Step 7: Considering Alimony in Relation to Distribution
It is worth noting here that §61.075(8) makes the distribution process separate from any determination of whether alimony is to be awarded: “The court may provide for equitable distribution of the marital assets and liabilities without regard to alimony for either party. After the determination of an equitable distribution of the marital assets and liabilities, the court shall consider whether a judgment for alimony shall be made.” Distribution is to be accomplished first, then a court may determine whether alimony is appropriate. It is here that a court can look to nonmarital property: in determining and fashioning an award of alimony.
Jurisprudentially, this is a sound approach. When there is some evidence supporting the factors in §61.075(1), but not enough to justify an unequal award, a court should utilize that evidence in fashioning an alimony award which remedies any unfairness instead of compromising the principles of equitable distribution. The court followed this approach in Spielberger v. Spielberger, 712 So. 2d 835 (Fla. 4th DCA 1998), in which it rejected an unequal distribution premised on the wife’s lesser capacity for self-support. The court noted that the wife was in good health and was able to work. Accordingly, the court held that there was insufficient justification for an unequal distribution. But the court added that any unfair imbalance in the parties’ financial positions was properly rectified by the alimony award.20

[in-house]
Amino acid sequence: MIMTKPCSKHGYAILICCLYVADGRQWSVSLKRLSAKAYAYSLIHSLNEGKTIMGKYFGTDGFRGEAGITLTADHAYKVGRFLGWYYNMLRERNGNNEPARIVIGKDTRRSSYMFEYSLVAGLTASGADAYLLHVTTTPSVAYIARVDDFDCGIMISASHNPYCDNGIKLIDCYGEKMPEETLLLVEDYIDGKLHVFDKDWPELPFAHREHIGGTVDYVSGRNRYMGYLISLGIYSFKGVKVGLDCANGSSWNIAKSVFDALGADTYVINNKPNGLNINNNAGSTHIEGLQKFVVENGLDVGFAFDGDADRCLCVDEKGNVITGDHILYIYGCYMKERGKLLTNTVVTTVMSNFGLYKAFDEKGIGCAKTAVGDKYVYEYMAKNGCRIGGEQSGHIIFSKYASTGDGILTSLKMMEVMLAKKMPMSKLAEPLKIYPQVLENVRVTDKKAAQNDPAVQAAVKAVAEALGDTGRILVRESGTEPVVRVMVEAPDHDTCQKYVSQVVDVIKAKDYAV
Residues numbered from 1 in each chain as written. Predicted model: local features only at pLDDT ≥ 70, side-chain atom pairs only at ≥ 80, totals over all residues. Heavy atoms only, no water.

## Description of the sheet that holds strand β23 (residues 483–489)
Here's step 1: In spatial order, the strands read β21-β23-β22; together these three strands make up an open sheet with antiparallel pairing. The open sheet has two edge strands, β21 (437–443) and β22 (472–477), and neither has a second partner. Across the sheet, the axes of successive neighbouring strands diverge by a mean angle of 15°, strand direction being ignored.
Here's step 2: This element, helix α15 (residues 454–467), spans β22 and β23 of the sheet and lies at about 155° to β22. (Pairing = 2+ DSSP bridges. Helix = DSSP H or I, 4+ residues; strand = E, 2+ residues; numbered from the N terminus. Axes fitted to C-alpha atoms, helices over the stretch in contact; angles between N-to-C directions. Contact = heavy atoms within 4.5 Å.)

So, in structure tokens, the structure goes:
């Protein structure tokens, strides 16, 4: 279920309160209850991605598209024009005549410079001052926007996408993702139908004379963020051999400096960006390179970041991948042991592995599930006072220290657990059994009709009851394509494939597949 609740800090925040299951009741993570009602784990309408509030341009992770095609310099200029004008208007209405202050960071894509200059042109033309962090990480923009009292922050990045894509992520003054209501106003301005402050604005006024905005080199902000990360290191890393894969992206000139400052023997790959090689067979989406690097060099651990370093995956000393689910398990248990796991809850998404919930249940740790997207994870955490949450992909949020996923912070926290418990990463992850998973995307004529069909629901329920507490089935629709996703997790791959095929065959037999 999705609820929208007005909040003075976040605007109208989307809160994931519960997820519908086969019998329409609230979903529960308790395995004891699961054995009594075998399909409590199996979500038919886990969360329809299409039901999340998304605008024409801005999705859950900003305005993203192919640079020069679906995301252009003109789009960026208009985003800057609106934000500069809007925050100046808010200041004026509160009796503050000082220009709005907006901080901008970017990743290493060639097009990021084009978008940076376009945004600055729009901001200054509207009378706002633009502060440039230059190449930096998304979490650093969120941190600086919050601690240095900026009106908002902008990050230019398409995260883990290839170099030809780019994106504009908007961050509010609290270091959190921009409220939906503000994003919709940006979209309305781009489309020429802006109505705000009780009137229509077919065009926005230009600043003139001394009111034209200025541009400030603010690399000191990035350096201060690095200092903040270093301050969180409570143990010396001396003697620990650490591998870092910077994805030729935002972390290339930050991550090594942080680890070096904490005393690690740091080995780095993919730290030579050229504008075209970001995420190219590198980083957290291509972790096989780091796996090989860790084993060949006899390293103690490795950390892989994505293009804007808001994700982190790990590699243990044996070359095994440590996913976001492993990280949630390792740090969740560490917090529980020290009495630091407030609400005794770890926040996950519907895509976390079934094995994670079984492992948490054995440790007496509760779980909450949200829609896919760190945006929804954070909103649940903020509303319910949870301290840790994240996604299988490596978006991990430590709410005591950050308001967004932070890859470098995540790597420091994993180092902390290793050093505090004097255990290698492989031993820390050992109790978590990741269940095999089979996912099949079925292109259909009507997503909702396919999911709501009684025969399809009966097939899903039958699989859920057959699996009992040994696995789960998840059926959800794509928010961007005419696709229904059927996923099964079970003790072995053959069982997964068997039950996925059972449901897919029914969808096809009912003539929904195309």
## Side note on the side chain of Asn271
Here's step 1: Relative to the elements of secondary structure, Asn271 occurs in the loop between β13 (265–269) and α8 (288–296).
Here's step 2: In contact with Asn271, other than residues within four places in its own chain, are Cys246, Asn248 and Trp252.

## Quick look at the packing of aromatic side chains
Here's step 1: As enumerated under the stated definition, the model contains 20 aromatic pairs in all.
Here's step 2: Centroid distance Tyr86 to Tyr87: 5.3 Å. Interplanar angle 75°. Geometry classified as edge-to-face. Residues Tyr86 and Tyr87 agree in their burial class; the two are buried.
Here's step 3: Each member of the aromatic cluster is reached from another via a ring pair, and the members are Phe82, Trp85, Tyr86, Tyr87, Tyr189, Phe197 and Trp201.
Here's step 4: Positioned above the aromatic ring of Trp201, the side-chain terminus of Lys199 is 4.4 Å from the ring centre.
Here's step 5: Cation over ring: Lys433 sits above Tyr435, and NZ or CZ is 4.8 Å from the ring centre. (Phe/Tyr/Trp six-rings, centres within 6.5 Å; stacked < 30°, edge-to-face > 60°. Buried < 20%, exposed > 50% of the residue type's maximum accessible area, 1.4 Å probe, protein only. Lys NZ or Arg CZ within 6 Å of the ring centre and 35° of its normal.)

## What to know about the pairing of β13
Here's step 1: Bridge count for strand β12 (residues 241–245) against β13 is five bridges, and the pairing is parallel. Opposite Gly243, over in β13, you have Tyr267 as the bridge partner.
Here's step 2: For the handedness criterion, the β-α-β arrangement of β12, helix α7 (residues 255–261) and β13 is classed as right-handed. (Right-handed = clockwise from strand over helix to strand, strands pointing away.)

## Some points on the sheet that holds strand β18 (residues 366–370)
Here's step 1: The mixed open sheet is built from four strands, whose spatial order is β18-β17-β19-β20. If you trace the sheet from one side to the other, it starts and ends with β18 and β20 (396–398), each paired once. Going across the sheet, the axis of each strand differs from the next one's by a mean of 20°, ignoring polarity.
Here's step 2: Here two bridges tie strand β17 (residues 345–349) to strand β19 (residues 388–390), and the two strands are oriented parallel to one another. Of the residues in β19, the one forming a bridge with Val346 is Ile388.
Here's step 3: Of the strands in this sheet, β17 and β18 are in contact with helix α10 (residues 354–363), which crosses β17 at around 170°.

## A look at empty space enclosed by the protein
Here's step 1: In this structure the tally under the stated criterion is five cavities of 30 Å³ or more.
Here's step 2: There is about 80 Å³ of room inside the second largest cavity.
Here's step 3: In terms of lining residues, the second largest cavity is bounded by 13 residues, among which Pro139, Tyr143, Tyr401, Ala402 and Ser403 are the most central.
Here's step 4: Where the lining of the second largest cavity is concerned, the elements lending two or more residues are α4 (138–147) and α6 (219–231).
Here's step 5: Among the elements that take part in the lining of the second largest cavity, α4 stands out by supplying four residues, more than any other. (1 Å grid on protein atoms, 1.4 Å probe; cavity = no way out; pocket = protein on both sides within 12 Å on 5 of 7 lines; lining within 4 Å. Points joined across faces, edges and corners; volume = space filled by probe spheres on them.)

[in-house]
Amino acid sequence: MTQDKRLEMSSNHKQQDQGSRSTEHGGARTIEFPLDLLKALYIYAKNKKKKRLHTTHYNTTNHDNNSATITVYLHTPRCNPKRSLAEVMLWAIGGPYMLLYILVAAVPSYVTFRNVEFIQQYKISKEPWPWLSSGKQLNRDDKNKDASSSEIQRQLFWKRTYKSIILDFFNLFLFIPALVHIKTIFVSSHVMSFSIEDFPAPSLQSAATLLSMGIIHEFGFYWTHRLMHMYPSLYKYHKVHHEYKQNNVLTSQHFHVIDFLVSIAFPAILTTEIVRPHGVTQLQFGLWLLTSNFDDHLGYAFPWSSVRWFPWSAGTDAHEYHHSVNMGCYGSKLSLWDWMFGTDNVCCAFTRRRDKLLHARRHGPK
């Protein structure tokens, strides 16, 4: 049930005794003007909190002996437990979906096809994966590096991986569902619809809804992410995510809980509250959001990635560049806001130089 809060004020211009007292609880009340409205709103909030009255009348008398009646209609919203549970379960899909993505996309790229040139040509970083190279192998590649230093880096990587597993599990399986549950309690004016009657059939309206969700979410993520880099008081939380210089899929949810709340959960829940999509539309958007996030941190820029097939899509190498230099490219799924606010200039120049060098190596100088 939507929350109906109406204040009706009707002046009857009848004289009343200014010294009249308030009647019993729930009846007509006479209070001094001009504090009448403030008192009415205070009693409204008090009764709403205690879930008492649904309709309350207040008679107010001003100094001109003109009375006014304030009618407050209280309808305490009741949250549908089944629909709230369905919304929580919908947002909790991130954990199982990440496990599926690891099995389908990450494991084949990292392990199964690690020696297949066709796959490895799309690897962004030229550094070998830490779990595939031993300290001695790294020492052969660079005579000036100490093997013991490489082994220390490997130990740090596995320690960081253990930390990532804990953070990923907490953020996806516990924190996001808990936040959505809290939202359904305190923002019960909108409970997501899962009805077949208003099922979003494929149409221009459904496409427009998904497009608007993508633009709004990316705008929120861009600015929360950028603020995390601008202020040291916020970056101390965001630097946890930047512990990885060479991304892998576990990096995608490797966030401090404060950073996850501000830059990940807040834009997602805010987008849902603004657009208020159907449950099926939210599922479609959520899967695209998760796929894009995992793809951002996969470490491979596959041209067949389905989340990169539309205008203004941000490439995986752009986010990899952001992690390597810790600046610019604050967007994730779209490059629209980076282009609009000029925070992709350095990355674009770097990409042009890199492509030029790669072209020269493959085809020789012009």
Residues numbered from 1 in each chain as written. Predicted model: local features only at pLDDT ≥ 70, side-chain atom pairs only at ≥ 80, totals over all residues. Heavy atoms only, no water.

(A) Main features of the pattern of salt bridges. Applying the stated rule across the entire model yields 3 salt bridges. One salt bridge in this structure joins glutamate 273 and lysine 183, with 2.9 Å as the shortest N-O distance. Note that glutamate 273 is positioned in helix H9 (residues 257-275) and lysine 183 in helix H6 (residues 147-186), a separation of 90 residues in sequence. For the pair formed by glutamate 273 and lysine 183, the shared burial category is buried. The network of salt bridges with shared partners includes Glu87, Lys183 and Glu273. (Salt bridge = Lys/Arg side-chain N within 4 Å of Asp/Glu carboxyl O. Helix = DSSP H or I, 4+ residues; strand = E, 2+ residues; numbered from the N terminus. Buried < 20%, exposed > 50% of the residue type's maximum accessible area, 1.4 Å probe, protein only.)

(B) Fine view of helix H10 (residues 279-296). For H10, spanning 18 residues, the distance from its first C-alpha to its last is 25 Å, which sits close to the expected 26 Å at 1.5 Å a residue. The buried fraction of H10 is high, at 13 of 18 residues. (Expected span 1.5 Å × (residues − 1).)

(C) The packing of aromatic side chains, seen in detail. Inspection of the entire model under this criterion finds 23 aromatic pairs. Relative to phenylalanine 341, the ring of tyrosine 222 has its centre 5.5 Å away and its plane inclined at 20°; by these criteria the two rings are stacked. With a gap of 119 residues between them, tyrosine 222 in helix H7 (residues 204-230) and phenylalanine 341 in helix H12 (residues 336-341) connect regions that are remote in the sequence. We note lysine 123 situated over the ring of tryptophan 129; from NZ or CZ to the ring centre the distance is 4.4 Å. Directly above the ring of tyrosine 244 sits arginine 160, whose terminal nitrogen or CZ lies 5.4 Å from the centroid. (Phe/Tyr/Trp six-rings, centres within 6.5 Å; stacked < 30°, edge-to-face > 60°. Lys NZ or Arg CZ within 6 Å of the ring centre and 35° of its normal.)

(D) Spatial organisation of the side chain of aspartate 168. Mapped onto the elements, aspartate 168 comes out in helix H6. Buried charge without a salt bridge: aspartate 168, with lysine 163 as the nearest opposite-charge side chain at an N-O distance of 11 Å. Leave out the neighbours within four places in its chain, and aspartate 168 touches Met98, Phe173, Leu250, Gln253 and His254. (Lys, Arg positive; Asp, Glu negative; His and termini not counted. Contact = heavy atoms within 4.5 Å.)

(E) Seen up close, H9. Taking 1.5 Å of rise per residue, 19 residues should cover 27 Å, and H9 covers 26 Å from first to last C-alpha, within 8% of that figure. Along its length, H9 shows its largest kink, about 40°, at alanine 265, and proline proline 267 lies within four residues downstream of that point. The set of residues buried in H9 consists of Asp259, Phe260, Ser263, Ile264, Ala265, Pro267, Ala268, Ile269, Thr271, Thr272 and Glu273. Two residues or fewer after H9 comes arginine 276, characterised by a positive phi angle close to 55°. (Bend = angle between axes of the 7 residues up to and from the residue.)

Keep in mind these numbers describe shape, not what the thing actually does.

Similarly, the court in Siravo, discussed above under “Dissipation of Assets,” held that to the extent there was any inequity not rectified by subtracting from the husband’s share of the distribution the value of those assets dissipated or depleted by him, that inequity was properly rectified in the wife’s alimony award rather than by a more skewed distribution scheme.21